Viktor Dukhovni ietf-dane at dukhovni.org
Fri Mar 17 04:09:45 UTC 2023

```On Thu, Mar 16, 2023 at 06:33:27PM -0700, Todd Wilson wrote:

> Here's a basic exercise in list processing: define a function
>
> runs :: Ord a => [a] -> [[a]]
>
> that breaks up its input list into a list of increasing "runs"; e.g.,
>
> runs [3,4,5,6,2,3,4,1,2,1]  --->  [[3,4,5,6],[2,3,4],[1,2],[1]]
>
> A natural solution is the following:
>
> runs [] = []
> runs (x:xs) = let (ys, zs) = run x xs
>               in (x:ys) : runs zs
>   where
>     run x [] = ([], [])
>     run x (y:ys) = if x <= y
>                    then let (us, vs) = run y ys
>                         in (y:us, vs)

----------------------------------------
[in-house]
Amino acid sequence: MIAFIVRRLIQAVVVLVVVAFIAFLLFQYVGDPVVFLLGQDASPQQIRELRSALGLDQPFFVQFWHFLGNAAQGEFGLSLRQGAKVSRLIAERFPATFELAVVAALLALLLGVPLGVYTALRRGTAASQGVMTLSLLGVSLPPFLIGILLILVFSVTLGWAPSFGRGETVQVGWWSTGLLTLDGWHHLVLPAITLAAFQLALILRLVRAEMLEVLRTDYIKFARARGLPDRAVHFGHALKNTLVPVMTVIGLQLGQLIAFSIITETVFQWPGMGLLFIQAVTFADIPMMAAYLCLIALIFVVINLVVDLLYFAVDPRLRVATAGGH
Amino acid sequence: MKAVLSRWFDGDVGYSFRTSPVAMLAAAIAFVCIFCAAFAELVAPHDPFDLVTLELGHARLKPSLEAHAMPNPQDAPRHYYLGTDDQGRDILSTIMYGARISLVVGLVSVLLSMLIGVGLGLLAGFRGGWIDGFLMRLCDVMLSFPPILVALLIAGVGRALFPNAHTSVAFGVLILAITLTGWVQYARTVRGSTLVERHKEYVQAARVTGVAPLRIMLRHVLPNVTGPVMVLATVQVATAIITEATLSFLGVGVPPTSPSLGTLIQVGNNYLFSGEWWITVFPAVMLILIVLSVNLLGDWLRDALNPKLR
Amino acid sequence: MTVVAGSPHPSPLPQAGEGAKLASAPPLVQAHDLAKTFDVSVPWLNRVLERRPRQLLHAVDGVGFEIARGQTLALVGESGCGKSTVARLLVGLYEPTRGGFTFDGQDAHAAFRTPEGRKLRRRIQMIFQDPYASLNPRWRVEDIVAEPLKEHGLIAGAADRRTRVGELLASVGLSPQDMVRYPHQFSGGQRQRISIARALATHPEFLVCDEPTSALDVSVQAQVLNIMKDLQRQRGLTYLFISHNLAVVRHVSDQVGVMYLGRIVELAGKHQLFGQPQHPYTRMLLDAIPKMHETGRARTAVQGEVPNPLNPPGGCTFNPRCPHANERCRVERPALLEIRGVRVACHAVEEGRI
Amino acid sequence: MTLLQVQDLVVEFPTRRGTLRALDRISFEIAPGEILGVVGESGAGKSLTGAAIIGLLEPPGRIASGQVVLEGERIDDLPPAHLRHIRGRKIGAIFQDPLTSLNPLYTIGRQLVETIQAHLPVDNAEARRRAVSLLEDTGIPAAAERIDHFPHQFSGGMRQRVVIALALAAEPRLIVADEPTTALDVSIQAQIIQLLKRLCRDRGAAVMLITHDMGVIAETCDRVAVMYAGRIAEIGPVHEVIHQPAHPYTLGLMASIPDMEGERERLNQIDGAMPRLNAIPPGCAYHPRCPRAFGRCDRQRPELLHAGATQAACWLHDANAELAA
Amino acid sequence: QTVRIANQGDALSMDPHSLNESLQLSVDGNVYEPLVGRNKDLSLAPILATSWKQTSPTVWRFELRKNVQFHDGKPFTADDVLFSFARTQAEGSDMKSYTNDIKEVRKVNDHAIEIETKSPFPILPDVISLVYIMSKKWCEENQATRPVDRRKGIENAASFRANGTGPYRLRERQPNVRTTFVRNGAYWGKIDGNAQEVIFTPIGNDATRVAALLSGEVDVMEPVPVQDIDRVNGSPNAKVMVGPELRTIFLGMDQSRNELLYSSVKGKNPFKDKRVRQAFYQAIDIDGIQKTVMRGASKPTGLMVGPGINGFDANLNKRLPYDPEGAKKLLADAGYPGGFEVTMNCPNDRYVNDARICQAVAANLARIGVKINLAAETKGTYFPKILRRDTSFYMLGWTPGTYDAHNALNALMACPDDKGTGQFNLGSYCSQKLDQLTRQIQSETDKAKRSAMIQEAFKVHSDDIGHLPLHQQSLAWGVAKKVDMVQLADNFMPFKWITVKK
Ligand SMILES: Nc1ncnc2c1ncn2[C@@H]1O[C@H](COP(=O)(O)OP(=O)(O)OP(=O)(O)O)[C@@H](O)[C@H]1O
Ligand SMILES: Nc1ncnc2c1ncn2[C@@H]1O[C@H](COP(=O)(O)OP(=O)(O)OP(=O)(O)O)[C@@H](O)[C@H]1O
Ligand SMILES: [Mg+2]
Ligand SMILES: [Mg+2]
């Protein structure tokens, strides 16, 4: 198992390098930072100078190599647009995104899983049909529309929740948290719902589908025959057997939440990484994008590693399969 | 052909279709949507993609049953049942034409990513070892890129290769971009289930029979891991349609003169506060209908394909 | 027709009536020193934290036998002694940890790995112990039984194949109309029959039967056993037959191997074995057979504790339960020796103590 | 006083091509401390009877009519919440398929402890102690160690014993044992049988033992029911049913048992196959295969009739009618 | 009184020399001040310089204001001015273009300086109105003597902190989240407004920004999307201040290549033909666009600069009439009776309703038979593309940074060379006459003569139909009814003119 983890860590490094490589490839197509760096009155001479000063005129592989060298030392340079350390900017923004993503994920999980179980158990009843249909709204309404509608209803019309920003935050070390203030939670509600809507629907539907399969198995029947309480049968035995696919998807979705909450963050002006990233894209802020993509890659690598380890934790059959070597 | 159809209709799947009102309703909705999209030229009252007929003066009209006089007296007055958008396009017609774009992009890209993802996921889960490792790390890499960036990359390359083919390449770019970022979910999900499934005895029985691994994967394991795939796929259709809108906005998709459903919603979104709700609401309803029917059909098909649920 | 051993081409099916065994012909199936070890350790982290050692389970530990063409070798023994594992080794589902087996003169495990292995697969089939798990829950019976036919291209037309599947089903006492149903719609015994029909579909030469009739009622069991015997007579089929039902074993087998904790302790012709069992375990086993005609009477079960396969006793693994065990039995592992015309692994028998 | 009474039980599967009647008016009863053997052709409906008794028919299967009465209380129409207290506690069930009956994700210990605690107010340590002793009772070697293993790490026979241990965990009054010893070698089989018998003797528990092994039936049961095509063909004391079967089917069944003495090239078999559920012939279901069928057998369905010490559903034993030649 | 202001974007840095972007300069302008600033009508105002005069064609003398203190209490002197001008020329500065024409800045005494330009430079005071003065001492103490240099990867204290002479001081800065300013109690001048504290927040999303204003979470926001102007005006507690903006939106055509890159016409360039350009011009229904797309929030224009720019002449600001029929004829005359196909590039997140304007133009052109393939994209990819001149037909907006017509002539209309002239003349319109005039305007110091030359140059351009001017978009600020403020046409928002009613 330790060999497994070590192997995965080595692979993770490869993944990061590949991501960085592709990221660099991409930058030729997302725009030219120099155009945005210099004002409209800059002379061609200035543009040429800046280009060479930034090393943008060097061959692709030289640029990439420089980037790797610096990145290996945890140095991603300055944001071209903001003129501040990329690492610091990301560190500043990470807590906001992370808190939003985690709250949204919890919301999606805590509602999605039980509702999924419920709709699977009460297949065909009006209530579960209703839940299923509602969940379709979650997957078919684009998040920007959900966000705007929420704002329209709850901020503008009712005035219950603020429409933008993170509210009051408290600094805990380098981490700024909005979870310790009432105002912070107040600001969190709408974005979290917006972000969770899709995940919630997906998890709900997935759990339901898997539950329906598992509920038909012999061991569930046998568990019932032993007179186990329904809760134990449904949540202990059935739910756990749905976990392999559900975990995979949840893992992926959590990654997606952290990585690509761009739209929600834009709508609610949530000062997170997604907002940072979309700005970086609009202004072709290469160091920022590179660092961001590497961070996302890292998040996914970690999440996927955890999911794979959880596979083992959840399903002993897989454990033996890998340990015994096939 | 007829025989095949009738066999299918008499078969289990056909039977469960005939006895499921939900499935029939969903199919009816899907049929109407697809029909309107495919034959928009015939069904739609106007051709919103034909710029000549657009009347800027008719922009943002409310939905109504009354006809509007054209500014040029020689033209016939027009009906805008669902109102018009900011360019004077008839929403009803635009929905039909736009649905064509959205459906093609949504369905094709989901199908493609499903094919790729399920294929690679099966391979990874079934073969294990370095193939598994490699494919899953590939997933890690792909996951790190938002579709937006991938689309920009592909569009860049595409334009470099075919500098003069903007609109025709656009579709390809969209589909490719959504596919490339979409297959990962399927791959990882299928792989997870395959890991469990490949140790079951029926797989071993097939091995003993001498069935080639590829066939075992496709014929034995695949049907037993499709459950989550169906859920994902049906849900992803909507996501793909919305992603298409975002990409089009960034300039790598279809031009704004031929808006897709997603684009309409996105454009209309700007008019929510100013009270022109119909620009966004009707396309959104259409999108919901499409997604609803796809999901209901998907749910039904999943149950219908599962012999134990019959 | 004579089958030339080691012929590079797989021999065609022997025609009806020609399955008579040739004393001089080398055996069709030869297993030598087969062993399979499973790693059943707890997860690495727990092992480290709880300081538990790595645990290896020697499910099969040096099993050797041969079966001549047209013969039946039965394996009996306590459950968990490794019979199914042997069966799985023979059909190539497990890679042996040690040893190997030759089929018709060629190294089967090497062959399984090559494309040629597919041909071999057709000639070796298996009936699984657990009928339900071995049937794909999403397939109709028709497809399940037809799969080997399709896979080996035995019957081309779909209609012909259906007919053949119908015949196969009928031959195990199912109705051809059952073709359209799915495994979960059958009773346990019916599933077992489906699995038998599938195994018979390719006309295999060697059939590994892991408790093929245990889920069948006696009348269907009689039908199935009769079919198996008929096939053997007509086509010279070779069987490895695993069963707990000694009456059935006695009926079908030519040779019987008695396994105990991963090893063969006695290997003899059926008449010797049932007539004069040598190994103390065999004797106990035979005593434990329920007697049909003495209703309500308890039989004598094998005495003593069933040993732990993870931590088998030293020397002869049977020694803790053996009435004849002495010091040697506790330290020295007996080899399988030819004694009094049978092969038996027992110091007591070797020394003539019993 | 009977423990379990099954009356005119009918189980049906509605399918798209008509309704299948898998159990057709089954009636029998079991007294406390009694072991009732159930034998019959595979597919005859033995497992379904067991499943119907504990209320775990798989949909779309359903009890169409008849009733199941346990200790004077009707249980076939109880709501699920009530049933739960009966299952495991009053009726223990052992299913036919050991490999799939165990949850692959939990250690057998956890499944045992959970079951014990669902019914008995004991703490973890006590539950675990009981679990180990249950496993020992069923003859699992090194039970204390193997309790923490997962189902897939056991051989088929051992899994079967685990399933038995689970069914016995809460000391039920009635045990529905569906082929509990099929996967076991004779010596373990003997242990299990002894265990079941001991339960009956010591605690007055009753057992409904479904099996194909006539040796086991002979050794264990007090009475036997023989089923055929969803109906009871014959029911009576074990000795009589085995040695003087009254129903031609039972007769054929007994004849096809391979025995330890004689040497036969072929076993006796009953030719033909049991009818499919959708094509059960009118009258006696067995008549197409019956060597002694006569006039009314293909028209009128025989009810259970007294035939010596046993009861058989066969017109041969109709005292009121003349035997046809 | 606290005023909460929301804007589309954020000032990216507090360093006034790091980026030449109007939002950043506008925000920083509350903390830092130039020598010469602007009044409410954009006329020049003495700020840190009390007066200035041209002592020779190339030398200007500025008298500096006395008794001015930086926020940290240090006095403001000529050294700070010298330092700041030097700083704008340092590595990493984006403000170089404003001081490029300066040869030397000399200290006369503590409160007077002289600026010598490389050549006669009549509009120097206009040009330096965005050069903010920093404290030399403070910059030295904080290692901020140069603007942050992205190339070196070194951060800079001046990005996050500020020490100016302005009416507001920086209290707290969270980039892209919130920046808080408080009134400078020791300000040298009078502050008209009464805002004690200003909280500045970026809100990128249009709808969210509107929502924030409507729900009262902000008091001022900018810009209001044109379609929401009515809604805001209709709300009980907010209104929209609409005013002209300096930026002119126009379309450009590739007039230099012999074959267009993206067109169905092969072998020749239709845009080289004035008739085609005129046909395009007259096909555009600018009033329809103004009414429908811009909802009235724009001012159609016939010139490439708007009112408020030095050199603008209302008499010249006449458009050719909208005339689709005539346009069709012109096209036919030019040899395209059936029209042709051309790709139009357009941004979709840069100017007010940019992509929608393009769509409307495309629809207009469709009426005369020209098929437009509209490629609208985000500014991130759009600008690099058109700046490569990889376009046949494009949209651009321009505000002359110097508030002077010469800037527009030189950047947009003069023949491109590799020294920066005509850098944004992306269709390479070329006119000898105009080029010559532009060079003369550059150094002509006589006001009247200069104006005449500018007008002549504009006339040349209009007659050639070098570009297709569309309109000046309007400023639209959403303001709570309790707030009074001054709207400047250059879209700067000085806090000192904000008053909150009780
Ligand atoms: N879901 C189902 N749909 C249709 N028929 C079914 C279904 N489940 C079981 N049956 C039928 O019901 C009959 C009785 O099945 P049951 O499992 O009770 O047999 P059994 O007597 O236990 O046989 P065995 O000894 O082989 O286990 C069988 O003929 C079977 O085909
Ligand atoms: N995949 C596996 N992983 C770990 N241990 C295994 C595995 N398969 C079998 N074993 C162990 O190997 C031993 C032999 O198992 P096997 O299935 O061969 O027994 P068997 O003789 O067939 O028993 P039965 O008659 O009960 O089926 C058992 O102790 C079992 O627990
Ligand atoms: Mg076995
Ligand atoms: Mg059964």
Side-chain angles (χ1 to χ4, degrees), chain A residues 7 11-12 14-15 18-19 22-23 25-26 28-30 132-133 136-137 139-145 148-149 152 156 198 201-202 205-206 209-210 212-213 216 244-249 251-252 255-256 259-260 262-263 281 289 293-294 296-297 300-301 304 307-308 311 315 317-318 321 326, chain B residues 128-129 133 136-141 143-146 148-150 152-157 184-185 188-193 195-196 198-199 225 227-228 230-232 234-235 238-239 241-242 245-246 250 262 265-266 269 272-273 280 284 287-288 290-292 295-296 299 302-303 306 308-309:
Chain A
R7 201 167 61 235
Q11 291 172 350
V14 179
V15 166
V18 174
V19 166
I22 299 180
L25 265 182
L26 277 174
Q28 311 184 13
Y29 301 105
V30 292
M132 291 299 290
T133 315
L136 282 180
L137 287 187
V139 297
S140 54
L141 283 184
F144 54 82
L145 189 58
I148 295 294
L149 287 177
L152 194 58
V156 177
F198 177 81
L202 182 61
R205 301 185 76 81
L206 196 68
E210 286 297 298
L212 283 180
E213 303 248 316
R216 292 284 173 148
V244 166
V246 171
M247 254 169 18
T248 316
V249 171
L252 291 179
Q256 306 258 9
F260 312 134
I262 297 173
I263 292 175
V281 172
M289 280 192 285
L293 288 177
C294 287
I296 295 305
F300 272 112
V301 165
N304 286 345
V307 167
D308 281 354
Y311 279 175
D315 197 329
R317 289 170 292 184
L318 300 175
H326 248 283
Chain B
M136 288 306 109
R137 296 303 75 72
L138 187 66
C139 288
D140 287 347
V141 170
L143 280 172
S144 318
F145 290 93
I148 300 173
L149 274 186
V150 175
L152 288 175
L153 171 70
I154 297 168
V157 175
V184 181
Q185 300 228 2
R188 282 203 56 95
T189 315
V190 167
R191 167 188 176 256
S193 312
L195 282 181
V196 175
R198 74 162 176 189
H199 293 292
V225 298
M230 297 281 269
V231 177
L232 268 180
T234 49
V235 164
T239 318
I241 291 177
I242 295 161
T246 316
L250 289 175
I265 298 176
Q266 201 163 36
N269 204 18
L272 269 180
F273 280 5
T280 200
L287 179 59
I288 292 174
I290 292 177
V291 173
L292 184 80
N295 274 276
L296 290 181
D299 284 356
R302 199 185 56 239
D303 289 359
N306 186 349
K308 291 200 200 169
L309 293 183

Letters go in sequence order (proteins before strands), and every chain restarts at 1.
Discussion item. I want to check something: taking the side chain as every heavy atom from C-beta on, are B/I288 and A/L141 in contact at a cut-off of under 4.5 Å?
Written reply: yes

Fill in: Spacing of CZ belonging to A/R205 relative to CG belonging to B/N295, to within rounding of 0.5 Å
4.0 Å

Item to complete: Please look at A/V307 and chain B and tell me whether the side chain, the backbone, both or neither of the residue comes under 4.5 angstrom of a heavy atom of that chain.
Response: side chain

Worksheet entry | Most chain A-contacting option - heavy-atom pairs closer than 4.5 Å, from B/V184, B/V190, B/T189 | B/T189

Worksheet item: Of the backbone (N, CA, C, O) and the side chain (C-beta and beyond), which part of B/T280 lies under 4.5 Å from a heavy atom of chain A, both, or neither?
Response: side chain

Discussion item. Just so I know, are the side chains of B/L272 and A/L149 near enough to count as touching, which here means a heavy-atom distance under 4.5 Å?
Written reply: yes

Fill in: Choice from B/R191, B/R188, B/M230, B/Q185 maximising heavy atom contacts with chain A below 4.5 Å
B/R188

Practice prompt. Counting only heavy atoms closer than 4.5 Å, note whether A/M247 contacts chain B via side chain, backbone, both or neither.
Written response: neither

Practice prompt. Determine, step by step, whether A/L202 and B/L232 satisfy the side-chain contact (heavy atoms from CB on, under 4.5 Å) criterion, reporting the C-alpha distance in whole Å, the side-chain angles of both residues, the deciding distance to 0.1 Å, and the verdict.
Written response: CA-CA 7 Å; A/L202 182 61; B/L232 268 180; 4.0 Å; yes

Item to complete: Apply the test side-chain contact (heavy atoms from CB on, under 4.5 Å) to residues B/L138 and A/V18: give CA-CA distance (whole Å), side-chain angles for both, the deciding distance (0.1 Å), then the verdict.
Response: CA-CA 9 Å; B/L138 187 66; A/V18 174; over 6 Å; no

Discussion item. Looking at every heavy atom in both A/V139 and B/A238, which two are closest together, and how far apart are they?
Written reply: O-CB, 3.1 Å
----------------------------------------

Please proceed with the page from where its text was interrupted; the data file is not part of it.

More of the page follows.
>                    else ([], y:ys)
>
> My question: can we do better than this? It seems that this solution is
> constantly building and breaking apart pairs. (Or is it, when optimized?)

The key feature of this solution is that it is lazy in the tail of the
list of runs.  For example, the below completes quickly despite
ostensibly working with an infinite list of runs.  It is able to "emit"
the first run as soon as a successort is smaller than its predecessor.

{-# LANGUAGE ScopedTypeVariables #-}
module Main (main) where

runs :: forall a. Ord a => [a] -> [[a]]
runs [] = []
runs (x:xs) = let (ys, zs) = run x xs
in (x:ys) : runs zs
where
run :: a -> [a] -> ([a], [a])
run x [] = ([], [])
run x l@(y:ys) = if x <= y
then let (us, vs) = run y ys
in (y:us, vs)
else ([], l)

main :: IO ()
main = print \$ sum \$ map sum \$ take 100 \$ runs \$ concat \$ map (\i -> [0..i]) [0..]

It is also able to generate the leading elements of an infinite first run:

main :: IO ()
main = print \$ sum \$ take 100 \$ head \$ runs \$ [0..]

Any constant factors are less important.

--
Viktor.
```